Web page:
This spreading shrub grows up to three metres and is easily confused with the weedy “Cassia”, Senna pedula var. glabrata. Both species of Senna produce showy yellow flowers of similar form, compound leaves and bean-like pods. The native Senna acclinis is an endangered plant and it is important for people working in restoration to be able to distinguish between the two species, as they often occur in the same habitats. The weedy species is a serious threat to the health and function of native forests and needs to be actively managed.
Distinguishing the two species requires careful observation, use of a hand lens is helpful.
The native Senna acclinis has golden-yellow flowers, produced in sprays (peduncles) of 2 to 5, and have 10 fertile stamens, 1-2mm long. It flowers Spring-Summer, which distinguishes it from the weedy species, which has bright yellow flowers in Autumn-early winter. The weedy Cassia flower has 6-7 fertile stamens, up to 8mm long (sterile filaments to 15mm).
The seed pods in the native species are long and flattened (12-15cm), and turn black and papery when mature. Old pods may be held on the shrub for subsequent seasons, and can be used to distinguish it from the weedy species, which are of similar length (10-14cm) have rounded, pithy, green bean-like pods that turn straw-coloured when mature.
The compound leaves of the native species are blueish-green, slightly smaller, leaflets narrower in shape than the weedy species, with a basal leaf gland that is delicate and pole-like in shape. In the weedy species, the basal leaf gland is larger, swollen and urn-shaped; the leaflets slightly larger and more rounded, often a lighter, grass-green, with a yellowed edge. The overall habit of the weedy species tends to be more erect and robust, and occurs in a greater range of habitats. The native Senna acclinis is generally restricted to rainforest communities, and the key threat to this species is habitat degradation and loss; so it is imperative we protect the remaining populations.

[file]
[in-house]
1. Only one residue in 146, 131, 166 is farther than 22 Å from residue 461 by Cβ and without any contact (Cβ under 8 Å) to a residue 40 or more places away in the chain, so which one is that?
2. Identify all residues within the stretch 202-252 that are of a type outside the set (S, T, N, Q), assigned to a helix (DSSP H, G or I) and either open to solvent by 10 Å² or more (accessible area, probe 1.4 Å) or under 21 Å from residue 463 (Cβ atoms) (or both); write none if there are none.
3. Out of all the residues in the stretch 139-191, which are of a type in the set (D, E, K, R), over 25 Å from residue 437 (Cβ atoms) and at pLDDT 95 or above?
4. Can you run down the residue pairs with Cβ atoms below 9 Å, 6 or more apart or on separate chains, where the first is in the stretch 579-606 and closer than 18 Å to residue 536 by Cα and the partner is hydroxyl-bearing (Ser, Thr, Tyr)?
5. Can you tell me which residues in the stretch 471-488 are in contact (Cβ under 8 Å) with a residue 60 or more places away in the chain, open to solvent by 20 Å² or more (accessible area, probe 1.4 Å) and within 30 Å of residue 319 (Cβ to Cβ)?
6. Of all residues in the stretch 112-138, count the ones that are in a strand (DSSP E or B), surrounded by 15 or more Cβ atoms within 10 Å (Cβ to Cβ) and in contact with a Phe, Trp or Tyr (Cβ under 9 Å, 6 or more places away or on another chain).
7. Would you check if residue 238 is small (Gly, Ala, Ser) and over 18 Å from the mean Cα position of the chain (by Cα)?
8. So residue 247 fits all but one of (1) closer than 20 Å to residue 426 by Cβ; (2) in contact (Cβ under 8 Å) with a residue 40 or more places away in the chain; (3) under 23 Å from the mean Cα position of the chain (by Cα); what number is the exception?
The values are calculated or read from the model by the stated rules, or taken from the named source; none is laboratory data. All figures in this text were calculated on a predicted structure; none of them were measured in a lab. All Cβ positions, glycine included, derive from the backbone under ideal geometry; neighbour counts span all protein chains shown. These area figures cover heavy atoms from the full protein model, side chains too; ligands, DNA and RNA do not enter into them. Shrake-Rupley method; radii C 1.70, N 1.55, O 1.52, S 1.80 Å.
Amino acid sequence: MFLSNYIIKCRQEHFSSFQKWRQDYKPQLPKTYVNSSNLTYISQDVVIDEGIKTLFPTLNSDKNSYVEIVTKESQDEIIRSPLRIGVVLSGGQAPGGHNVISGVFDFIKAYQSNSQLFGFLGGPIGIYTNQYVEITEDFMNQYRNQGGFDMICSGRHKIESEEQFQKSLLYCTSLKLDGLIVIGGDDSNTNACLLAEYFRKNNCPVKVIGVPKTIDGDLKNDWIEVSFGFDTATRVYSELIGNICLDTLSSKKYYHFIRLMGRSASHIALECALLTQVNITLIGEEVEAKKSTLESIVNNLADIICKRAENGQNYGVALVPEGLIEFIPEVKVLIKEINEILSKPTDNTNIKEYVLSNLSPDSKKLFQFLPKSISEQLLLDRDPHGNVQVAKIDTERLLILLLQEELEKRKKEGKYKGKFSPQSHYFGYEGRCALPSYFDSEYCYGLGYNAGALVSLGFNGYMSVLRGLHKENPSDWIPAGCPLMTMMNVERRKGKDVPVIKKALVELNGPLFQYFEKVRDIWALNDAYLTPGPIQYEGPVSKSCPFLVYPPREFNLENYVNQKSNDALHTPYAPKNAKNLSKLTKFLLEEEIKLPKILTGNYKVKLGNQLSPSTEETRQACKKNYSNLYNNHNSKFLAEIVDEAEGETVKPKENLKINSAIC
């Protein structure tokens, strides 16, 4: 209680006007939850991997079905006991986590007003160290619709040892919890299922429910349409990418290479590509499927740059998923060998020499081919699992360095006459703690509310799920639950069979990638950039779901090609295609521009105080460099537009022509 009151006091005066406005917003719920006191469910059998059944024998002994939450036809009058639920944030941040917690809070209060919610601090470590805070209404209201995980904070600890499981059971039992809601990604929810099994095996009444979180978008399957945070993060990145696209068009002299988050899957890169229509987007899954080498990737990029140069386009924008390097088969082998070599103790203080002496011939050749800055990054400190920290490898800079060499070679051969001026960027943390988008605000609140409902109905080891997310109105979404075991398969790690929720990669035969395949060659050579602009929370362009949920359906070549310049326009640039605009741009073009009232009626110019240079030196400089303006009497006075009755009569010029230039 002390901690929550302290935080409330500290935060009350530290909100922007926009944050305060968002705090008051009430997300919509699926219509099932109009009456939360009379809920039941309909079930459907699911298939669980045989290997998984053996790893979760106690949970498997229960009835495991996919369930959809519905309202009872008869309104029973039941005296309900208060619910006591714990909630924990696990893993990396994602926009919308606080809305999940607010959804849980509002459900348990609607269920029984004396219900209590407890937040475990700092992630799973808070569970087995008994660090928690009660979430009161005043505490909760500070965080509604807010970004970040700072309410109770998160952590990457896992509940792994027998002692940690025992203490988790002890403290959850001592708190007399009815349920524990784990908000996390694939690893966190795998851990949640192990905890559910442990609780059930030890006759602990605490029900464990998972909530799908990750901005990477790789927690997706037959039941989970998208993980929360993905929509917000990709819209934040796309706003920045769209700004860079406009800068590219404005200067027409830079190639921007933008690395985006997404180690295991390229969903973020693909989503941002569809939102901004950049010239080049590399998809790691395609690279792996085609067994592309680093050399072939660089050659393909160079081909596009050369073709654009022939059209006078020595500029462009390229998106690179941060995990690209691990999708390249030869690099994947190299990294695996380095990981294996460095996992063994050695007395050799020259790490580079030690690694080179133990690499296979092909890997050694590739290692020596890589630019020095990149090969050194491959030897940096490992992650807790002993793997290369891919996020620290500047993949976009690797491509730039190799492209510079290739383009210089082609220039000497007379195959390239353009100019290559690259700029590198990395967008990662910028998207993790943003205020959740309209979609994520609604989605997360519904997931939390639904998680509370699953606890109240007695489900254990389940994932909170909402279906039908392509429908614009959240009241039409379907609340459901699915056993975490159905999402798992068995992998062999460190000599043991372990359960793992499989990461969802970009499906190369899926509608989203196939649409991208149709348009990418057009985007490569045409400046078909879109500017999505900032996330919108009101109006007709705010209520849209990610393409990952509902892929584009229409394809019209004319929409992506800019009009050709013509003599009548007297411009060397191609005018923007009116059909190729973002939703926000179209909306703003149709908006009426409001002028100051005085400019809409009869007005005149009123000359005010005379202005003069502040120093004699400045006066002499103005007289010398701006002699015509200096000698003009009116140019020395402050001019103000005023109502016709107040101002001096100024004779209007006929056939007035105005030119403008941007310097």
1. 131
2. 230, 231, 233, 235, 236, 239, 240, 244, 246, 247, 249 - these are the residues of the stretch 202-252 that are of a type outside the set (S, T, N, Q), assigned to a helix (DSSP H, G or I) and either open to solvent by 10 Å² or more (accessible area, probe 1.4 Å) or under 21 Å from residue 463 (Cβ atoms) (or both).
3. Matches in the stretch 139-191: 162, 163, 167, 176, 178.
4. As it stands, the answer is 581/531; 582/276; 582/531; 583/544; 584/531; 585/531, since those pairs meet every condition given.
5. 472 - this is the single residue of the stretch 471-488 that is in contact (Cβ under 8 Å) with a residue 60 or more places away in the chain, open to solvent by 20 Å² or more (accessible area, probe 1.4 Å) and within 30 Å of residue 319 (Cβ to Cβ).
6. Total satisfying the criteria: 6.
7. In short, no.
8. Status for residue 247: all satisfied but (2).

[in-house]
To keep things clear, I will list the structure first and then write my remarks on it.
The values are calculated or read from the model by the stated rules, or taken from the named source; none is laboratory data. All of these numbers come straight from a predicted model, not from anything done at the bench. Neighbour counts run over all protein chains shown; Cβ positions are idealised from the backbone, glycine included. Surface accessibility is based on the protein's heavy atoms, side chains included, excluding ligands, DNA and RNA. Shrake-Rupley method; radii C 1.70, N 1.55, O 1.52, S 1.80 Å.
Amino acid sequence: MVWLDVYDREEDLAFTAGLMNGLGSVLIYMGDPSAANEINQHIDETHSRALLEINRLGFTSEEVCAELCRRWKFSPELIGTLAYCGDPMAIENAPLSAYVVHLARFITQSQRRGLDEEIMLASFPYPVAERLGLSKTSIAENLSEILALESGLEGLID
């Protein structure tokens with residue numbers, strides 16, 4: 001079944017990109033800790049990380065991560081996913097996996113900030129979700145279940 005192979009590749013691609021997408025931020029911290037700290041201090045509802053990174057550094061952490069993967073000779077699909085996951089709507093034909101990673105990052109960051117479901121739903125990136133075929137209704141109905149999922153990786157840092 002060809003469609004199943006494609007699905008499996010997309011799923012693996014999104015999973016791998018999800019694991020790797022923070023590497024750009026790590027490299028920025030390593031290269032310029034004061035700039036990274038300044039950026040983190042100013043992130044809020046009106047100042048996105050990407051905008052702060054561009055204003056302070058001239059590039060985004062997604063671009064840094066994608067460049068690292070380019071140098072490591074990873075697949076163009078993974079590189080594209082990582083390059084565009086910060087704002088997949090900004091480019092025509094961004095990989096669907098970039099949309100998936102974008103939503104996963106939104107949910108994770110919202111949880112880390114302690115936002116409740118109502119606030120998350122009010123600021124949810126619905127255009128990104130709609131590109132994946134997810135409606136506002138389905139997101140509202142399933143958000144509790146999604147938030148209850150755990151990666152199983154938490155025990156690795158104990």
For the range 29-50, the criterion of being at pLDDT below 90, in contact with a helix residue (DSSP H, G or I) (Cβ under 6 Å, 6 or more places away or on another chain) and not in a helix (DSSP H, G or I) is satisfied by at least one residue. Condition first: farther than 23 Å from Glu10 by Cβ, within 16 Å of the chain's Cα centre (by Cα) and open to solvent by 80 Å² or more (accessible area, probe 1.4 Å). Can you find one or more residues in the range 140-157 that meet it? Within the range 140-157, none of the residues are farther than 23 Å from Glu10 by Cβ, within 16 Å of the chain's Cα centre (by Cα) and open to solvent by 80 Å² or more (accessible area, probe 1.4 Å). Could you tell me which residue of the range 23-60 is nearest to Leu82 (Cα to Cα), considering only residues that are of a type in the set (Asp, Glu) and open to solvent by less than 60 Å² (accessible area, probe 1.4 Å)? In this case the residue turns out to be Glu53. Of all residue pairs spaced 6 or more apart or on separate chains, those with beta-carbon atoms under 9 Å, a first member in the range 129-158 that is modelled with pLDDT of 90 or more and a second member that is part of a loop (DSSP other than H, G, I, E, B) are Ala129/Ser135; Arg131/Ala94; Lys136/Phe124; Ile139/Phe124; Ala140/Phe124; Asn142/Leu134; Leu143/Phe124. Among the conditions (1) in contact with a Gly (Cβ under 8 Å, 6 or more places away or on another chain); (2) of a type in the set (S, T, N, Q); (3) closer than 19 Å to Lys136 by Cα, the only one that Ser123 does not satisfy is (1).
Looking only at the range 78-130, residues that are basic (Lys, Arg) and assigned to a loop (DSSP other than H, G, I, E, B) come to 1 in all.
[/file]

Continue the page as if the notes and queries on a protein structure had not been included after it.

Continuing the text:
As with all restoration programs, a thorough site assessment prior to commencing works will identify weed species, ecosystem type, and any threatened species. It is helpful to map vegetation types, including the location of any threatened plant species; weed distribution and density. Volunteers working on Council reserves can contact the Natural Systems section of Council if they need assistance in the identification of native or exotic plants on their patch. Private landholders can seek advice from Landcare, with customised property assessments available through the Land for Wildlife program. For more information, contact Isabelle Strachan on firstname.lastname@example.org
This article is part of the Partnering in Private Land Conservation. A joint initiative delivered by Landcare NSW and the NSW Biodiversity Conservation Trust.